During the fall harvest, food pantries across the state received more than 50 tons of produce from an unlikely source.
By Elizabeth Trovall (Jefferson City)
Algoa Correctional Facility sits atop a large hill overlooking brown Missouri countryside. Men in baggy brown jackets saunter within the confines of a tall chain-link fence. The wind whips through the crisp air and not a single cloud appears in the cerulean sky.
It’s grayer inside. Billy McCollum is serving a seven year sentence.
“Asked if I could help you know, I seen everyone out there helpin’ and it’s for a good cause, people without stuff, so I figured I’d help,” he said.
Last spring McCollum started spending two and a half hours every day working outside in the Algoa outdoor garden. Gardens like Algoa’s are now in all but one of the prisons across the state. In the program offenders volunteer to work on gardens within their correctional facilities. All of the produce is donated to local food banks. This is the first year of the program at Algoa.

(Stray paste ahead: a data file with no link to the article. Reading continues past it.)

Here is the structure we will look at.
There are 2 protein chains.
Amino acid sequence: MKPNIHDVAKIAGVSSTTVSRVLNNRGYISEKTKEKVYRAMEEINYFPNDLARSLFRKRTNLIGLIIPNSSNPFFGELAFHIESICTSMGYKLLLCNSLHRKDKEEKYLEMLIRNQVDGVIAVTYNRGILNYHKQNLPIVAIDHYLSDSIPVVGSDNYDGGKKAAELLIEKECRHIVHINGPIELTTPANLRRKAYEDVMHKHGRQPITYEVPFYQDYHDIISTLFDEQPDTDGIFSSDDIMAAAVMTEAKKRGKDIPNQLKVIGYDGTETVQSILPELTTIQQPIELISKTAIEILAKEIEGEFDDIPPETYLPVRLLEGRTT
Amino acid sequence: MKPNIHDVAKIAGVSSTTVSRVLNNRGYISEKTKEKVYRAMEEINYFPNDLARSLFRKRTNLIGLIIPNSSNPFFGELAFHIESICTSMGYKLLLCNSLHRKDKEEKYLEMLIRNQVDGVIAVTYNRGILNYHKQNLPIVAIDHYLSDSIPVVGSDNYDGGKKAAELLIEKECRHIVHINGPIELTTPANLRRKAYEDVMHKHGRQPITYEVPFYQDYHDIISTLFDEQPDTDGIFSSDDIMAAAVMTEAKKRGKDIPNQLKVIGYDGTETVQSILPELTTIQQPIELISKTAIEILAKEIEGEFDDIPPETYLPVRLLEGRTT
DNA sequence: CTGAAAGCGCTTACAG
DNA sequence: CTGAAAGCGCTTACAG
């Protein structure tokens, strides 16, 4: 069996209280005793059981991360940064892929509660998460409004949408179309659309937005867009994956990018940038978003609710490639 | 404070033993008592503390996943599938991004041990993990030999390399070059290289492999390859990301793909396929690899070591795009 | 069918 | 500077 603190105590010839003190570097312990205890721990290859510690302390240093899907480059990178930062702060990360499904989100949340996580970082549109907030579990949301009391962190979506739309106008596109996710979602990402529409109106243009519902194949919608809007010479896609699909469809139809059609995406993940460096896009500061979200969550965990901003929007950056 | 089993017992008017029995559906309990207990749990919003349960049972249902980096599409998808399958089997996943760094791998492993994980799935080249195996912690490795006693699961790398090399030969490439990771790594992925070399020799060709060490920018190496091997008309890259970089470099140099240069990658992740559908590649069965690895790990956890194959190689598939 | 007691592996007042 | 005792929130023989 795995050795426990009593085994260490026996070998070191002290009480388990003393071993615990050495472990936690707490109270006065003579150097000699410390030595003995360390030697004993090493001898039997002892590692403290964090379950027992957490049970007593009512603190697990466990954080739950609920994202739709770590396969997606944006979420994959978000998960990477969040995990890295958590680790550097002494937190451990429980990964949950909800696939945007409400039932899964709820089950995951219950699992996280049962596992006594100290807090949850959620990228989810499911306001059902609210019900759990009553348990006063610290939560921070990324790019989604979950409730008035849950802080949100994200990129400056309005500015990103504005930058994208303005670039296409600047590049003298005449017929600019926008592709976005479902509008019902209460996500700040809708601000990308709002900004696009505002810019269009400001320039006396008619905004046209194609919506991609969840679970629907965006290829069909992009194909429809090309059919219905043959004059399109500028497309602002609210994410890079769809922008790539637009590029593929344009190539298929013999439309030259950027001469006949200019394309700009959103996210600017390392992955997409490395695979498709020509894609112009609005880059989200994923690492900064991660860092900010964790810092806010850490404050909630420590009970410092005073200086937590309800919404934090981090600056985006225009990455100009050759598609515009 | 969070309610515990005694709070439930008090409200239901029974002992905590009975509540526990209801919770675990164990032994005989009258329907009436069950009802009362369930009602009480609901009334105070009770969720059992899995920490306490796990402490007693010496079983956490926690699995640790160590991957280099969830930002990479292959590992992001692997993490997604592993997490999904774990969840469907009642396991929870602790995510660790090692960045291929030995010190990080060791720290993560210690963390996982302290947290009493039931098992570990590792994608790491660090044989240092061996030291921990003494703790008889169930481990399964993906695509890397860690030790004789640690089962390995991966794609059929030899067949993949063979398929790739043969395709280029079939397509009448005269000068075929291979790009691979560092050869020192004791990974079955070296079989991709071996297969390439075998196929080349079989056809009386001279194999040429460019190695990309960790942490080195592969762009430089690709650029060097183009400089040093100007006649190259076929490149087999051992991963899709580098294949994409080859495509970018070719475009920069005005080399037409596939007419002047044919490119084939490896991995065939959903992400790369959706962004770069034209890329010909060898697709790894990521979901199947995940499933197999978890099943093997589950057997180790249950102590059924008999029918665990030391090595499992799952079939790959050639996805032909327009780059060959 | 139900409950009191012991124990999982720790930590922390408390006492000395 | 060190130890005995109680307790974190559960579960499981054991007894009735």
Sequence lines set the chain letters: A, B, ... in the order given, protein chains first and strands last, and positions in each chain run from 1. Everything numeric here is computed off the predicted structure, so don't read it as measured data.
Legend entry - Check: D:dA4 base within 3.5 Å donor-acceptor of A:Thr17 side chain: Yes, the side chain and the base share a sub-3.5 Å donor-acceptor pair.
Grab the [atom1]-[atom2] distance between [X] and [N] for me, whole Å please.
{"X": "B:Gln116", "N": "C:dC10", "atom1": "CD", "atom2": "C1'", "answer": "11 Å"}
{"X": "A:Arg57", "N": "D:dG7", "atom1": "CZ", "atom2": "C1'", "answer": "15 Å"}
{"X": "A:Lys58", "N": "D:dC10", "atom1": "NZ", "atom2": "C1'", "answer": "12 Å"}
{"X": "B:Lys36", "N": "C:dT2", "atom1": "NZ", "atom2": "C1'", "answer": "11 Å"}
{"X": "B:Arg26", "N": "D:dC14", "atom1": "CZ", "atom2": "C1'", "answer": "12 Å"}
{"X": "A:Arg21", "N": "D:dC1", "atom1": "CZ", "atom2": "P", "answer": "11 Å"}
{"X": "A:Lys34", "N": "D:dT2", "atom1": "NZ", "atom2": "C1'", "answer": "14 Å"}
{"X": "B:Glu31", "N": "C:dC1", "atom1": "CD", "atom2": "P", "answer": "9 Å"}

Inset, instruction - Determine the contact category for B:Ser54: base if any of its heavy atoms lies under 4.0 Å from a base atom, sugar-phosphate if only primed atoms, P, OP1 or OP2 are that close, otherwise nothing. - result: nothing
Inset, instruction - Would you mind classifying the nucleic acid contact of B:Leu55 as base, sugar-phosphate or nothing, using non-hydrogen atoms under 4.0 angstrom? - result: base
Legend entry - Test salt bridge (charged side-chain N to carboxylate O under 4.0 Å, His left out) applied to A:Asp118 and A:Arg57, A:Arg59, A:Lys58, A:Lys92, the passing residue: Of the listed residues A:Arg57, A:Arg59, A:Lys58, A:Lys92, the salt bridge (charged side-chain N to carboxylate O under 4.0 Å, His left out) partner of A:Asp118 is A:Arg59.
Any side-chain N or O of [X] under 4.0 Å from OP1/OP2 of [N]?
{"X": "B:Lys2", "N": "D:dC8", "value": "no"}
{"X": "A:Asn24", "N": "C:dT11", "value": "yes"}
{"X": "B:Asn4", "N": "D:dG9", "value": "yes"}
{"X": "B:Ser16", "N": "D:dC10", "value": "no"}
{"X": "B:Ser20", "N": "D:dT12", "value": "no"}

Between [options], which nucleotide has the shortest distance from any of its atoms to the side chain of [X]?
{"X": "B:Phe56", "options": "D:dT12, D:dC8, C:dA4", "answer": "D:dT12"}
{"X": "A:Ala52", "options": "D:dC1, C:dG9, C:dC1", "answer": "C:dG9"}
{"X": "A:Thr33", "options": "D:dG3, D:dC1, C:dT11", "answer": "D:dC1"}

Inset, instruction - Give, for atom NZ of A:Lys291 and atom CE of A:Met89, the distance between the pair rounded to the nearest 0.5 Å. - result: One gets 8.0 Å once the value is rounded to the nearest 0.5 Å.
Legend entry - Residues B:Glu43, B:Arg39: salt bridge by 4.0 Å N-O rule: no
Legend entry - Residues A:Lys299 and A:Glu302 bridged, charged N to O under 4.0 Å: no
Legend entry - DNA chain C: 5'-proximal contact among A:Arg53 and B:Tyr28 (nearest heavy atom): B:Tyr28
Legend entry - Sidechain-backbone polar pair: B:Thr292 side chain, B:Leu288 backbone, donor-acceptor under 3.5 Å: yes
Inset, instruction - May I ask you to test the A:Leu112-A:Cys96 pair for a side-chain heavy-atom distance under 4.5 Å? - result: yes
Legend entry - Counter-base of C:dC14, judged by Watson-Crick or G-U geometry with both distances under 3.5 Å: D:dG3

“I was there from the very first part of it," said McCollum. "From the tillin' in the ground to the plantin', dealin’ with it every day… takin' it out.”
It was McCollum’s first time growing produce and now he said he could be developing a green thumb.
“Whenever I get out might go and start myself one.”
Though this program benefits the shelters that receive the donated produce, working in the gardens is also a form of therapy for offenders. Cultivating hobbies is just one way the gardens benefit those behind bars. Matthew Wichrowski is the senior horticultural therapist at the New York University Medical Center. He said cultivating hobby is just one of the benefits offenders get from working in gardens.
"It’s going to mitigate the stress a little bit, it’s going to help improve mood, it will also allow for the development of appropriate socialization techniques and hobby interests," he said. "So maybe instead they take up gardening instead of something that might be a little illicit."
Some of the other offenders who helped with the new Algoa garden brought years of expertise to the table. John Dobbs said he’s worked with gardens for a while.
“My dad and me raised a garden ever since I was little. It was pretty much all my life.”
Dobbs said his favorite part is just spending time in the garden, because gardening brings him back to one place.
"Home. I think about home. That’s nice.”
Although this was Algoa’s first garden, they produced 1600 lbs. of fruits and veggies this year.